How to manage inherited property split between siblings. This reader wants to either buy his sister out or sell the property, but she refuses.
Q: My boyfriend’s mother died several months back. He wants to either buy his sister out or sell the property, but his sister has refused his verbal requests to buy her out and things have gotten quite strained between them. It is their home and they both live there and now own the home jointly.
It would seem to me that it would be best for them to go their own ways and sell the home. My boyfriend agrees with me on this, and if she won’t sell him her share, he wants to sell the property to someone else and move on. Unfortunately, his sister does not and her situation means she cannot afford the home on her own.
His sister doesn’t have good enough credit to get a mortgage and can’t afford to live there on her own. Should we prepare a written legal offer she can reject (so we have formal documentation), and then file a partition lawsuit? Do you have any other suggestions?
How to Manage Inherited Property Split Between Siblings
A: Your boyfriend’s situation is quite delicate – and heartbreaking. And, we urge you to proceed with caution, because it might end badly for you.
On the one hand, your boyfriend and his sister may still be mourning the loss of their mother. His sister may have nowhere to go if she were to get kicked out of the home and she doesn’t appear to have the means to live in the home in her present situation. In short, her situation is quite precarious, financially and emotionally – something you don’t seem to appreciate.
In addition, his sister may have an emotional attachment to the home, especially if it was their family home, and there may be other emotional or psychological issues going on, of which you’re unaware.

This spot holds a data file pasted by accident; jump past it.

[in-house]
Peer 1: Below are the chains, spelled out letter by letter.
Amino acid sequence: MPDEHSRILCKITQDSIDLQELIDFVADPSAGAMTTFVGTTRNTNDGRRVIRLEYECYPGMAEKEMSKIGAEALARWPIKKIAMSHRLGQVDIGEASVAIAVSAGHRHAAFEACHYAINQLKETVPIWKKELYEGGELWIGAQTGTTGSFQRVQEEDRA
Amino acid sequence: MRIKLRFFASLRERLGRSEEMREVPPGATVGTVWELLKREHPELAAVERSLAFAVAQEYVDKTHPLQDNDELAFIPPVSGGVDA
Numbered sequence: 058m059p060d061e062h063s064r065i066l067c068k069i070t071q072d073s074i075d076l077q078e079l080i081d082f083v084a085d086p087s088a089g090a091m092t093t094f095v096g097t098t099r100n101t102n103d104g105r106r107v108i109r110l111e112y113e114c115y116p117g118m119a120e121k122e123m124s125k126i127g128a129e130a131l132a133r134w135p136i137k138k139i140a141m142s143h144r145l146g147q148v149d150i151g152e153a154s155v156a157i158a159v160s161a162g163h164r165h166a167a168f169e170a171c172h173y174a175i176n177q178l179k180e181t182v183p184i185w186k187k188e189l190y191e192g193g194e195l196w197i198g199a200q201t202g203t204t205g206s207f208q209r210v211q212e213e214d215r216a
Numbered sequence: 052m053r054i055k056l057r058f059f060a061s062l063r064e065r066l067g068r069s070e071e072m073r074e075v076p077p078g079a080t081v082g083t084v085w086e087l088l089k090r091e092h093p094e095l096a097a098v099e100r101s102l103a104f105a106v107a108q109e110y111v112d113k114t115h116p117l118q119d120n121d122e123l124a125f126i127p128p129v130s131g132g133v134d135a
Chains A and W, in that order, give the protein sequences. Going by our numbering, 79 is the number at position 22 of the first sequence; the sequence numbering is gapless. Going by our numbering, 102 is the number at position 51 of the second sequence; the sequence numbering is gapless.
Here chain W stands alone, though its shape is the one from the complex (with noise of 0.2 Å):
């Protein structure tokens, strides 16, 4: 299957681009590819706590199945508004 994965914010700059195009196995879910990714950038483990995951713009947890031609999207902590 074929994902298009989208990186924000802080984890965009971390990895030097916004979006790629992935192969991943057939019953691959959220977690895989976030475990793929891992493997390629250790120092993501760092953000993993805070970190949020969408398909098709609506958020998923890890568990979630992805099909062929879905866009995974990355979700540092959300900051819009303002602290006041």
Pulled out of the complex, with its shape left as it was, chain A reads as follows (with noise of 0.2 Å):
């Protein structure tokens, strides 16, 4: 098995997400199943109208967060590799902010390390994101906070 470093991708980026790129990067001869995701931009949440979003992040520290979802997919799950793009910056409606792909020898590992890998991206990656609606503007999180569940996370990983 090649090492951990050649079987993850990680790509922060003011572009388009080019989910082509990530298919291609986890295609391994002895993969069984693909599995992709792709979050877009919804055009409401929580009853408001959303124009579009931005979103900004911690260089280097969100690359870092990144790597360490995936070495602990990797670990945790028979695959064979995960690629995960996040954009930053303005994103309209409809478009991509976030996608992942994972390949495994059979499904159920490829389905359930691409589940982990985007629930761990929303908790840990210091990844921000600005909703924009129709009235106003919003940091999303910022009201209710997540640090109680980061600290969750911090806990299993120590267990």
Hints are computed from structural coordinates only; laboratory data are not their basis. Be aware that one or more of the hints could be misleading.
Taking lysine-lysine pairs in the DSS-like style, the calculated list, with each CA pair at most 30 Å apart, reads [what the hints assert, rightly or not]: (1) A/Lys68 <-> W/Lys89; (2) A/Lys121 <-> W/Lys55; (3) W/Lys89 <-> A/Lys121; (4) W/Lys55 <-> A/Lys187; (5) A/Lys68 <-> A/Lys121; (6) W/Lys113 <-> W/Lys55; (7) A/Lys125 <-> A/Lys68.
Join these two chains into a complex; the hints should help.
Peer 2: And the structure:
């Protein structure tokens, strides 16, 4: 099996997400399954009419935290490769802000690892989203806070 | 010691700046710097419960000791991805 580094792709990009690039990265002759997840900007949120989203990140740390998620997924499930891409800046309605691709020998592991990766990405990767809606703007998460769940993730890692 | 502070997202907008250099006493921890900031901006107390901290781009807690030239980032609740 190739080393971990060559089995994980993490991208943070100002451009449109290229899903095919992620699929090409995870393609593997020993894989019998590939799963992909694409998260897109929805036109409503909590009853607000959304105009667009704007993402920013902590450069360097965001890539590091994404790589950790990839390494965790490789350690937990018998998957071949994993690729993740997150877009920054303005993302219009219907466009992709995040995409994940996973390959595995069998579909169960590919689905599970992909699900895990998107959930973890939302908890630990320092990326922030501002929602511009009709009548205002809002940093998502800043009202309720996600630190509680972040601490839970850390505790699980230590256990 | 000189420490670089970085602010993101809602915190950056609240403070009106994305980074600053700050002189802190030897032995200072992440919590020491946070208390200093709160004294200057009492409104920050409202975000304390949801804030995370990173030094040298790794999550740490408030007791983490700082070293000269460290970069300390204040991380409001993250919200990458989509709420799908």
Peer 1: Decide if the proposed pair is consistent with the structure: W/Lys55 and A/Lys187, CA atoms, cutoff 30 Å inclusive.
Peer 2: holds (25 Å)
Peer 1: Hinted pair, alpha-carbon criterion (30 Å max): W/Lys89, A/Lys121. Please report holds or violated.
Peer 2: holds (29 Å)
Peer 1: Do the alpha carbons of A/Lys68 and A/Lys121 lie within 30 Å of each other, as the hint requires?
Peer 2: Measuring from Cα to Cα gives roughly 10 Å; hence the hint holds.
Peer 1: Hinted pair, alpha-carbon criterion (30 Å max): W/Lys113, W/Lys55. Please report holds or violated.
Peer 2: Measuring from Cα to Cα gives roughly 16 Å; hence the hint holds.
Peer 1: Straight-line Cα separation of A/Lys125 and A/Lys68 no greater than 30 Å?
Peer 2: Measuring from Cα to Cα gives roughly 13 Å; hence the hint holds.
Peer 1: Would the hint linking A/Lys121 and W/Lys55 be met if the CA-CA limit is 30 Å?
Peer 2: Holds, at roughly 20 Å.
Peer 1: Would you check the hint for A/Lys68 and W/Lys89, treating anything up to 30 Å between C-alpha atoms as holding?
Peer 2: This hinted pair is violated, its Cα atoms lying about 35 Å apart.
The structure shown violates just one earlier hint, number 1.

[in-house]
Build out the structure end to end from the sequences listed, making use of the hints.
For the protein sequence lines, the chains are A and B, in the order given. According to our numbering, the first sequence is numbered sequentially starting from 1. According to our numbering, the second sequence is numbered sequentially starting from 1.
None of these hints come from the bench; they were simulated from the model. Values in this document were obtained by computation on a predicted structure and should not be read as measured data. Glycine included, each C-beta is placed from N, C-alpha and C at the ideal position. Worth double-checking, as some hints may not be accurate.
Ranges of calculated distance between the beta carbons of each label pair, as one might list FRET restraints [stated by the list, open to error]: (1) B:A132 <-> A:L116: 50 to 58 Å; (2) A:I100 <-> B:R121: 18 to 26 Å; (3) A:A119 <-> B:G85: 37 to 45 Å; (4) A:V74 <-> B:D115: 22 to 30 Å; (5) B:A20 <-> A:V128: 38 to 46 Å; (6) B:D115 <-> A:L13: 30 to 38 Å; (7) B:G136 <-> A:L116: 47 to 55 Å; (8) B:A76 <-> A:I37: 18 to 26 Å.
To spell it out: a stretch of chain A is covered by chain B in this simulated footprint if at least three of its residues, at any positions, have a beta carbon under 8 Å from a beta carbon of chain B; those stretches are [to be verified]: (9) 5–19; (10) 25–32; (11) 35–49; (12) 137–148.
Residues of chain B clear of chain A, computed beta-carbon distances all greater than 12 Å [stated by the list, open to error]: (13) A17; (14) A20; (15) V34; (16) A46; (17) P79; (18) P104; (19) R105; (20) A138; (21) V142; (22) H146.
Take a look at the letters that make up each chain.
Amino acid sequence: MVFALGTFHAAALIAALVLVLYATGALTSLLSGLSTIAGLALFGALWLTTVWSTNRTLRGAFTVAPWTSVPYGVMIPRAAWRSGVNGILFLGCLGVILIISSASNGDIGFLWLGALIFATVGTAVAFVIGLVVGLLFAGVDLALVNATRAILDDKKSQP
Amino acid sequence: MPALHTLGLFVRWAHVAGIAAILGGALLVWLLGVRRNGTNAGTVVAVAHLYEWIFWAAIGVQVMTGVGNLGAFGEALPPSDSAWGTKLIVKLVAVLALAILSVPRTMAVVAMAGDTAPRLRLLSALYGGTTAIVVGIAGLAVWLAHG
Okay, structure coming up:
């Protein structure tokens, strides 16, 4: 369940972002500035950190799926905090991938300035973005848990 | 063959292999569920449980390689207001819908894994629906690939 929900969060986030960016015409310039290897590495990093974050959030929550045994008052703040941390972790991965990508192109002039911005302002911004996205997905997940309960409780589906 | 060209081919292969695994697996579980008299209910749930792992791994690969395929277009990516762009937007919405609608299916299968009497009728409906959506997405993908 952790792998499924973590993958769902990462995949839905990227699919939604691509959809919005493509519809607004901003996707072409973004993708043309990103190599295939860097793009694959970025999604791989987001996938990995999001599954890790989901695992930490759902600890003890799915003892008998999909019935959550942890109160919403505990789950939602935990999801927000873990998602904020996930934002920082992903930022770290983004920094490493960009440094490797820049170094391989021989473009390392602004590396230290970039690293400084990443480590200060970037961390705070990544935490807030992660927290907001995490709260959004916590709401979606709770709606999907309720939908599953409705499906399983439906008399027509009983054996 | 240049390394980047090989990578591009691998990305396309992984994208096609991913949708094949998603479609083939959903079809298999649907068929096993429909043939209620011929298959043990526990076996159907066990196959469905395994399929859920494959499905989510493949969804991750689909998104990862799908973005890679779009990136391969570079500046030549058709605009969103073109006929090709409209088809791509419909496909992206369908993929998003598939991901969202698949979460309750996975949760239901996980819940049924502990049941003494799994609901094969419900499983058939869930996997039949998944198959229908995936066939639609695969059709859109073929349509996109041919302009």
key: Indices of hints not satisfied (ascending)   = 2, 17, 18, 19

So, what do you do? You suggest offering her a deal, a deal you know she can’t accept. Then, you want to use this deal as evidence that you tried to make a deal so that you can go to court, and sue her to force the sale of the home. Yikes!
We’re fairly sure that’s not the best way to move things forward. In any case, your boyfriend is the one who should be leading the charge – not you. After all, he lives there and is the co-owner.
Learn More About the Home and Discuss Options
So, let’s think about how he might want to handle the situation. First, he should try to find out what the home is worth, what is owed on the mortgage (if his mother had one) and how much he and his sister could net out if they sold the home. He should present her with this information and talk about their options.
With any luck, there will be enough cash that comes from the sale to allow his sister to move on, find another home to live in and leave her with some money in the bank to give her a bit of security. While your boyfriend may be secure emotionally and financially, it sounds like his sister needs more help. And, it probably doesn’t help her feelings of insecurity and grief to know you’re pushing to get her out of her home.
Unless your boyfriend addresses this situation and reaches out to his sister, it will be hard for them to make peace and move forward.
What About Filling a Partition Suit?
Let’s address the partition suit. A partition suit is a legal action taken by one owner against another. The partition suit would give one owner the right to sell his or her share of the property or force one owner to buy out the other. Sam has seen co-owners take this action in the past and you should be aware that the suit can cost a considerable amount of money and could take quite a long time to come to fruition.
We’d prefer to see if your boyfriend and his sister can sit down and talk about selling the home, even if they need a third party, like an attorney or even a therapist, to help facilitate the discussion. Your boyfriend can go down the litigation route but he risks totally alienating his sister and spending a chunk of whatever cash he might get from the property.
When a grieving family sells their family home, everyone is on equal footing. Ideally, your boyfriend and his sister would both sell the home and would then equally share in the proceeds from the sale.
If they take care to do this slowly, thoughtfully and amicably, they might not only sell the home but start to repair their relationship.